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Here's a one-hour BBC documentary on Moebius, the French comics artist whose passing we lamented this weekend. The doc, "Moebius Redux: A Life in Pictures," includes interviews with Stan Lee and Jodorowsky.

Moebius – a life in pictures

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RIP, French comic artist and illustrator Jean “Moebius” Giraud, who has passed away from cancer at the age of 73. This is a good place to begin learning about his work. His best known film design work is in live-action, like The Abyss, Alien, TRON and The Fifth Element, but he also contributed to a number of animation projects including Little Nemo: Adventures in Slumberland, Space Jam and Time Masters (below). He was revered in France where they exhibited his comic art with respect and appreciation.

Moebius influenced many people in our industry. I’ve collected some of the animation community’s reactions on Twitter:

[View the story "Moebius Reaction from the Animation Industry" on Storify]

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60’s Spider-Man refers to image macros from stills taken from an old Spider-Man cartoon series, which is infamous due to it’s poor quality animation, writing, and voice acting. The overlaid text typically represents Spider-Man’s absurd internal monologue relating to what action can be seen in the image.


The images were taken from the Spider-Man animated television series that ran from September 9, 1967 to June 14, 1970. It was jointly produced in Canada (for voice talent) and the United States (for animation) and was the first animated adaptation of the Spider-Man comic book series, created by writer Stan Lee and artist Steve Ditko.

The meme on originated on the internet around 2009 after users of /co/ would stream episodes of the show and invite others anon’s to come and watch. The show itself was very low budget. This can be noted by the over-use of stock animation, such as images of Spider-Man swinging across skylines and the focuses on his face. The fact that the show was low budget contributed to the poor animation. Being a poorly animated show, there were tons of funny, awkward, over dramatic and odd poses Spider Man and other characters would strike into at random times during the show. This amused the majority of viewers would in return would post these images on the board after an episode ended, some what like a recap of the funny parts. As time went on and these images were saved and circulated, highly exploitable and funny to look at it wasn’t long until they gained captions and started being used reaction images.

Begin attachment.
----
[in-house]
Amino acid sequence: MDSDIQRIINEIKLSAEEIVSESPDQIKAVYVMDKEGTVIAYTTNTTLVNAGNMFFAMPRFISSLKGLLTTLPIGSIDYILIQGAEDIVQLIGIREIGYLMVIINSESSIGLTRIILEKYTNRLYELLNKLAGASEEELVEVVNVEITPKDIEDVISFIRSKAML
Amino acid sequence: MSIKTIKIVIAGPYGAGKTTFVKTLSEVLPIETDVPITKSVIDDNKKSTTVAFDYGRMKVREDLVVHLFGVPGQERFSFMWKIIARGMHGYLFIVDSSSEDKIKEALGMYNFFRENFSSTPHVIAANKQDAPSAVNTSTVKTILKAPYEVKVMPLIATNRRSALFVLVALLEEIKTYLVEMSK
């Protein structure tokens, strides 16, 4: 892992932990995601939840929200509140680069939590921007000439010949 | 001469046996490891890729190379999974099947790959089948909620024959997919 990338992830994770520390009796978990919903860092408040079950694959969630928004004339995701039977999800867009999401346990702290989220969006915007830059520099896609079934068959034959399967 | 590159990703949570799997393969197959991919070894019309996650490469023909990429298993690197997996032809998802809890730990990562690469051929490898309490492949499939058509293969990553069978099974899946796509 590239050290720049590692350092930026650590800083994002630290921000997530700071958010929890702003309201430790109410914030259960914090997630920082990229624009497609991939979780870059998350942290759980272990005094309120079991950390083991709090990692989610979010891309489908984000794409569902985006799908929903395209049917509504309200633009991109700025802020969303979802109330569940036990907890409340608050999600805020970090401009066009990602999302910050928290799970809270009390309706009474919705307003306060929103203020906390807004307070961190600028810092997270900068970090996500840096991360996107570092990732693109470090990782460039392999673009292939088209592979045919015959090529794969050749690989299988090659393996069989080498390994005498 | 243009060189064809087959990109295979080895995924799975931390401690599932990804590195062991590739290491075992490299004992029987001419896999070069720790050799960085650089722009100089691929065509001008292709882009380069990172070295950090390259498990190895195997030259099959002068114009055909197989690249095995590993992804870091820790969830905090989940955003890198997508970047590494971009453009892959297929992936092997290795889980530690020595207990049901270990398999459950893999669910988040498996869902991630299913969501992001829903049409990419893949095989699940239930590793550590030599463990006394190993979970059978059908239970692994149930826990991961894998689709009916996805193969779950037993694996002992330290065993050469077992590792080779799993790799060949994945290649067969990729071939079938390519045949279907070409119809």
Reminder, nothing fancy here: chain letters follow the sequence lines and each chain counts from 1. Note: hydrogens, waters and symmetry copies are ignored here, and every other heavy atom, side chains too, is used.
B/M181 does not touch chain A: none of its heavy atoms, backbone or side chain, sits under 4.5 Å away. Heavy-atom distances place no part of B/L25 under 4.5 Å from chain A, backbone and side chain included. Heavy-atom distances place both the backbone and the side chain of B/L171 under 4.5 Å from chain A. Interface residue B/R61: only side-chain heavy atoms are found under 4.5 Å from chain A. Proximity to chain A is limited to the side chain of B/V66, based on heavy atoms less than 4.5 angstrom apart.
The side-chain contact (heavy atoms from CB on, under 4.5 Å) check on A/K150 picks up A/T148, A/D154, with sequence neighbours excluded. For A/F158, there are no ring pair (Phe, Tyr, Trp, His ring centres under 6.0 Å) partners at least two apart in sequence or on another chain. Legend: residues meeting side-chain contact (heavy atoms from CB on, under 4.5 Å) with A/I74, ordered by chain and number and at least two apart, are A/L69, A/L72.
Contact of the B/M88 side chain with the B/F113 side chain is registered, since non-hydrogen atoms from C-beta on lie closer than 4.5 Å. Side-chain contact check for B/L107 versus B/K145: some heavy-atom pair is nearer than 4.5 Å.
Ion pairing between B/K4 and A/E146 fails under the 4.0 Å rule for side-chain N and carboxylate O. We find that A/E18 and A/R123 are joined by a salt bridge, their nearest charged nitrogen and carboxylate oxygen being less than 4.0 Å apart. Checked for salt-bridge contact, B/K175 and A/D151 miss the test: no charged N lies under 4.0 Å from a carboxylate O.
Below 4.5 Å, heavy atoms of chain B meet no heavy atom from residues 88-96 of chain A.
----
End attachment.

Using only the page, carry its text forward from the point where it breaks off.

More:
60’s Spider-Man has seen growing popularity on blog sites such as Tumblr[1][2] since the beginning of April 2011. However, evidence of the meme on the blog site has been noted as early as November of 2010. The earliest evidence of 60’s Spider-Man on Tumblr came from a blog called “Wallopin Websnappers”[3]. The person behind the blog collected over 700 screenshots from the 1967 show and posted a good amount of them individually without captions.

4chan Thread

4chan archive has a /co/ thread from July 19, 2009 titled “Spider-man on his day off”[4] with 153 posts featuring images of Spider-Man with humorous titles that are very similar to the overlaid text found in the image macros.

Notable Examples


Search traffic for “spiderman meme” has seen a significant increase since January, 2011 that may correlate with the resurgence of popularity with the 60’s Spider-Man image macros.

External References

[1] Tumblr – Spiderman Spiderman

[2] Tumblr – Fuck Yeah Spidermemes

[3] Tumblr – Wallopin Websnappers

[4] 4chan archive

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